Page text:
THURSDAY, Nov. 20, 2008 (HealthDay News) -- U.S. health officials said Thursday that a shortage of vaccine is leading them to monitor Hib infections, one of the most important causes of bacterial illness in young children.
Though the agency has yet to see an increase in cases, the stepped-up surveillance was prompted by a disruption in the supply of vaccine that has virtually eliminated Hib (Haemophilus influenzae type b) infections since it was introduced in 1988.
Hib infection can cause a variety of illnesses, including meningitis (inflammation of the membranes covering the spinal column and brain), blood stream infections, and pneumonia, according to the U.S. Centers for Disease Control and Prevention. Hib is not a cause of the seasonal flu.
"The shortage is not serious but it is concerning," said Michael Jackson, an epidemiologist with the CDC.
The shortfall was caused by a recall of certain lots of Hib conjugate vaccine, and then the suspension of production by drug maker Merck & Co. last December. Merck originally expected to resume production late this year, but delays have pushed that timetable back to the middle of 2009, the CDC said in its Nov. 21 Morbidity and Mortality Weekly Report.
One reason the vaccine shortage hasn't been more serious is that drug maker Sanofi-Aventis also makes Hib vaccine, Jackson said.
Before the introduction of the vaccine, some 20,000 U.S. children would get serious and sometime fatal Hib infections each year, the CDC noted.
Merck spokeswoman Amy Rose said that problems with the vaccine's sterilization process necessitated recalling the vaccine and then stopping production. The vaccines are marketed as PedvaxHIB and Comvax.
To manage the shortage, health officials are recommending giving the Hib vaccine to infants, but holding off on a recommended booster shot for children age 12 to 15 months, except those at increased risk for Hib disease.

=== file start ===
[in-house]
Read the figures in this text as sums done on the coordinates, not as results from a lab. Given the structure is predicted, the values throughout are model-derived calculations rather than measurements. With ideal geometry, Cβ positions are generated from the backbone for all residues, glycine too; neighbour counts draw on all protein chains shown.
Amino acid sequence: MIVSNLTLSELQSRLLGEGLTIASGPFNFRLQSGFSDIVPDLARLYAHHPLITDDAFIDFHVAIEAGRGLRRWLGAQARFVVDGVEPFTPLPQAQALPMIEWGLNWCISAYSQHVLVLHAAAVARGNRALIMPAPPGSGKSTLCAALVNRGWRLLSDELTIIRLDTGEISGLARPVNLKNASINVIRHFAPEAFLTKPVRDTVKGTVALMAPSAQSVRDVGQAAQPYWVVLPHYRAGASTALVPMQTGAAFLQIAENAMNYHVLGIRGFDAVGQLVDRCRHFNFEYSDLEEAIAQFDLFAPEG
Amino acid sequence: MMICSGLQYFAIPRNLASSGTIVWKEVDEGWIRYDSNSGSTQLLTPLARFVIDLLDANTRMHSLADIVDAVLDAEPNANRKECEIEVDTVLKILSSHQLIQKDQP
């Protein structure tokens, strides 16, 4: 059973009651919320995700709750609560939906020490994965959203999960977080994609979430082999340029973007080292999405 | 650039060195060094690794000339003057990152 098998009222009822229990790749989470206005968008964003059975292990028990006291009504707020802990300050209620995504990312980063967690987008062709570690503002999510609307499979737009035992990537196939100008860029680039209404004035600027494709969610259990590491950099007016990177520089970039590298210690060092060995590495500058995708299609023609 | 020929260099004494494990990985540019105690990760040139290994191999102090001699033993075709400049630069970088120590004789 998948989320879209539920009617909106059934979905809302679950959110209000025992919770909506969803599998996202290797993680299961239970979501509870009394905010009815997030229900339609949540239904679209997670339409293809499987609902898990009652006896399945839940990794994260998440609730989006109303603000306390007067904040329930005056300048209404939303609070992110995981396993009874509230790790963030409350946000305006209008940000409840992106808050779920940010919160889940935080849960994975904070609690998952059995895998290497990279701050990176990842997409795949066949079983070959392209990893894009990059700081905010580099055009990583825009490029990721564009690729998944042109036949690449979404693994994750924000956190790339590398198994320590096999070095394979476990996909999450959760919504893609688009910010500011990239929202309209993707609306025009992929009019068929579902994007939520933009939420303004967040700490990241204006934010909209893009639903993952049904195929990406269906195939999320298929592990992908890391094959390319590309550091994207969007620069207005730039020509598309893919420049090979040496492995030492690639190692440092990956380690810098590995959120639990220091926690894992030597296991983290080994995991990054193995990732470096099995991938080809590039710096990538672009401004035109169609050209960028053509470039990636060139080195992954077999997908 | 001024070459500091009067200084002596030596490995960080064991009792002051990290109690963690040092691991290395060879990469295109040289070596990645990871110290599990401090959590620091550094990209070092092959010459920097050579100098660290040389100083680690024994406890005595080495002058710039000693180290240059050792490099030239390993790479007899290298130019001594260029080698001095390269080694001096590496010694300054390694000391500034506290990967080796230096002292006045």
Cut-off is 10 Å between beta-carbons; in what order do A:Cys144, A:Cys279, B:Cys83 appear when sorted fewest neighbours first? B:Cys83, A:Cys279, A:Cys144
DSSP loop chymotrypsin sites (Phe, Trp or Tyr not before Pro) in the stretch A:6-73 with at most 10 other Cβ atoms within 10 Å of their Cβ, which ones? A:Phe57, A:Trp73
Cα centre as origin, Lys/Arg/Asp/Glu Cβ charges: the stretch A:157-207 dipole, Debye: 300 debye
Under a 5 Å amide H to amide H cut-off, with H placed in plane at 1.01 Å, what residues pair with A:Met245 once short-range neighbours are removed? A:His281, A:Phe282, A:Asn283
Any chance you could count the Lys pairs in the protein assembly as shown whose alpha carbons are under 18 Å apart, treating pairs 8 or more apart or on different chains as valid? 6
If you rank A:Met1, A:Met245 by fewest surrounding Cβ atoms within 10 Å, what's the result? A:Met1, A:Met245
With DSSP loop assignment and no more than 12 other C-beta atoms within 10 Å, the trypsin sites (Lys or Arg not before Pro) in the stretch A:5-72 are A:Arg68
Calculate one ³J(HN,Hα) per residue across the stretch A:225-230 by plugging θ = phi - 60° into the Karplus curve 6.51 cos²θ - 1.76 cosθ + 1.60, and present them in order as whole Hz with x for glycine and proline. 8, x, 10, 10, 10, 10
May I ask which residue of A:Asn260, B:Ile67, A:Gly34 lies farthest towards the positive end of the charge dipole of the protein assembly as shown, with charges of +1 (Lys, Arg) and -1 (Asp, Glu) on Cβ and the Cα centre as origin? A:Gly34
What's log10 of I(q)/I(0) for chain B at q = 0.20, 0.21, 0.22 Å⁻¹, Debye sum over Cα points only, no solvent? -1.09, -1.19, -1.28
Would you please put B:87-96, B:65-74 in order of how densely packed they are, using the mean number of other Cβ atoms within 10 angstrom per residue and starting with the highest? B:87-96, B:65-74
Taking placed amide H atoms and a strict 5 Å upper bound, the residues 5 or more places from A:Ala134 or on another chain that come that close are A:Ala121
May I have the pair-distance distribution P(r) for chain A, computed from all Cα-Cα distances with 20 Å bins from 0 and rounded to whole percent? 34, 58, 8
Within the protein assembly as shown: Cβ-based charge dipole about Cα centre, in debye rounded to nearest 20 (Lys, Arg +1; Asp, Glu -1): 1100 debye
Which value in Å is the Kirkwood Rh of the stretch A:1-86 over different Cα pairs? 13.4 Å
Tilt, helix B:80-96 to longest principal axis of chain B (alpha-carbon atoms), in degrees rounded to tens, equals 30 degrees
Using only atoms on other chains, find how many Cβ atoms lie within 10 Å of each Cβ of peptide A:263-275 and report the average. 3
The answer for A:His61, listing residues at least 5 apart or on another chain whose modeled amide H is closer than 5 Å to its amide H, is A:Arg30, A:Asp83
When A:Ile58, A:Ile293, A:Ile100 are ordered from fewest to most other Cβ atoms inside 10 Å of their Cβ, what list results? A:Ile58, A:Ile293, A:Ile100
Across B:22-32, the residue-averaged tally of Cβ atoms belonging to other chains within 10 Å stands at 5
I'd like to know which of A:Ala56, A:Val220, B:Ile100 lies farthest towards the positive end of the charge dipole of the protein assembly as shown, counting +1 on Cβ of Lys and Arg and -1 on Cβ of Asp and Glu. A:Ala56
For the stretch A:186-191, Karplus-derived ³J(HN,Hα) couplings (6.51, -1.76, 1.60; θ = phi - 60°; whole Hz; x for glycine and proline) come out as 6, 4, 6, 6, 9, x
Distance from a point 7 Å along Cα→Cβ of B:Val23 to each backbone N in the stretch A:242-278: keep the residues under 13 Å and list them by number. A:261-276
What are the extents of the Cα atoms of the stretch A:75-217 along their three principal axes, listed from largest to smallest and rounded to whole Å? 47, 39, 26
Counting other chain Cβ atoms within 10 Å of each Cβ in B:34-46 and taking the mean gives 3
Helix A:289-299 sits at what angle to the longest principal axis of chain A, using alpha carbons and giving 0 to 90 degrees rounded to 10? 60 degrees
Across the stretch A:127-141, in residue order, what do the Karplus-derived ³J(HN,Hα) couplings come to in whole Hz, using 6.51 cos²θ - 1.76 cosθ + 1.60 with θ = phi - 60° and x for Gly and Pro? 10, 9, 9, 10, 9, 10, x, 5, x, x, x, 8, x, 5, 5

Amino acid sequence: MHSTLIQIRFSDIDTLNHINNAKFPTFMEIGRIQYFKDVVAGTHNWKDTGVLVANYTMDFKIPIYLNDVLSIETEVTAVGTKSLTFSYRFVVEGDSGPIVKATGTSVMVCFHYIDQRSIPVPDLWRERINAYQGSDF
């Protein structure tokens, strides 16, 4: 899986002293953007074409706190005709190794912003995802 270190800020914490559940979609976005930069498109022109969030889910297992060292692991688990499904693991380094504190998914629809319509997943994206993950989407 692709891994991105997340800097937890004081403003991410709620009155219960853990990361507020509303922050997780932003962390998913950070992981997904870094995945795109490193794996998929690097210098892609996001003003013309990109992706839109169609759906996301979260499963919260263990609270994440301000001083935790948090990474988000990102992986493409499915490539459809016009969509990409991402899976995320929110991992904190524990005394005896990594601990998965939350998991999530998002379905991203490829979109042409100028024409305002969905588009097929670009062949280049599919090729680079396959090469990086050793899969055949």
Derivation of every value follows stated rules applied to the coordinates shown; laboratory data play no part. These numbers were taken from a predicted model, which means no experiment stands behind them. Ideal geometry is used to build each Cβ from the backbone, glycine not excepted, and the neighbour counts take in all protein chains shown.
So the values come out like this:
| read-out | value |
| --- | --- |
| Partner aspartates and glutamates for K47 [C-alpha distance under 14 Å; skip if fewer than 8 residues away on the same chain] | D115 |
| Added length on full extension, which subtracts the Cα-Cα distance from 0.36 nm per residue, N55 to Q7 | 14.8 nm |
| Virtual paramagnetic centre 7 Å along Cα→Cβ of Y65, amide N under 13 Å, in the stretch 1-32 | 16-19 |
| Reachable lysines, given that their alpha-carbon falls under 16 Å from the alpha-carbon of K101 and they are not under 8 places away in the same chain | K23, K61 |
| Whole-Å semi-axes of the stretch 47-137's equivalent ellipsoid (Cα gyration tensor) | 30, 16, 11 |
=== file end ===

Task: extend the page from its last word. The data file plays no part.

"Right now the recommendations are to make sure all children get the primary vaccine series, and providers should defer giving the booster dose until the vaccine supply increases," Jackson said. "We are not worried about sudden increases in Hib disease, but we are worried over time that, not having the booster, we could start to see increases in Hib," he said.
The agency is asking doctors, state health departments and state laboratories to increase their surveillance of Hib.
Jackson said tracking Hib cases isn't easy. There are many different types of influenzae and there are many steps involved in testing and reporting the various types, so information often gets lost along the way, he said.
"The information we are getting at CDC is that we are missing about 40 percent of cases," Jackson said. "That's a little worrisome because that's 40 percent of people we don't know if they have type b, which is the vaccine-preventable one, the one we are really worried about, or if they have something else. It makes it harder for us to see changes in Hib if there really is something going on in the population."
Dr. Marc Siegel, an associate professor of medicine at New York University School of Medicine, said parents shouldn't panic because of the vaccine shortage.
"There used to be 20,000 cases a year, but the vaccine has brought it to less than 100," Siegel said. "The numbers remain small. We've almost stamped this thing out with the vaccine, so don't assume your kid is going to get it."
For more on Hib disease, visit the CDC.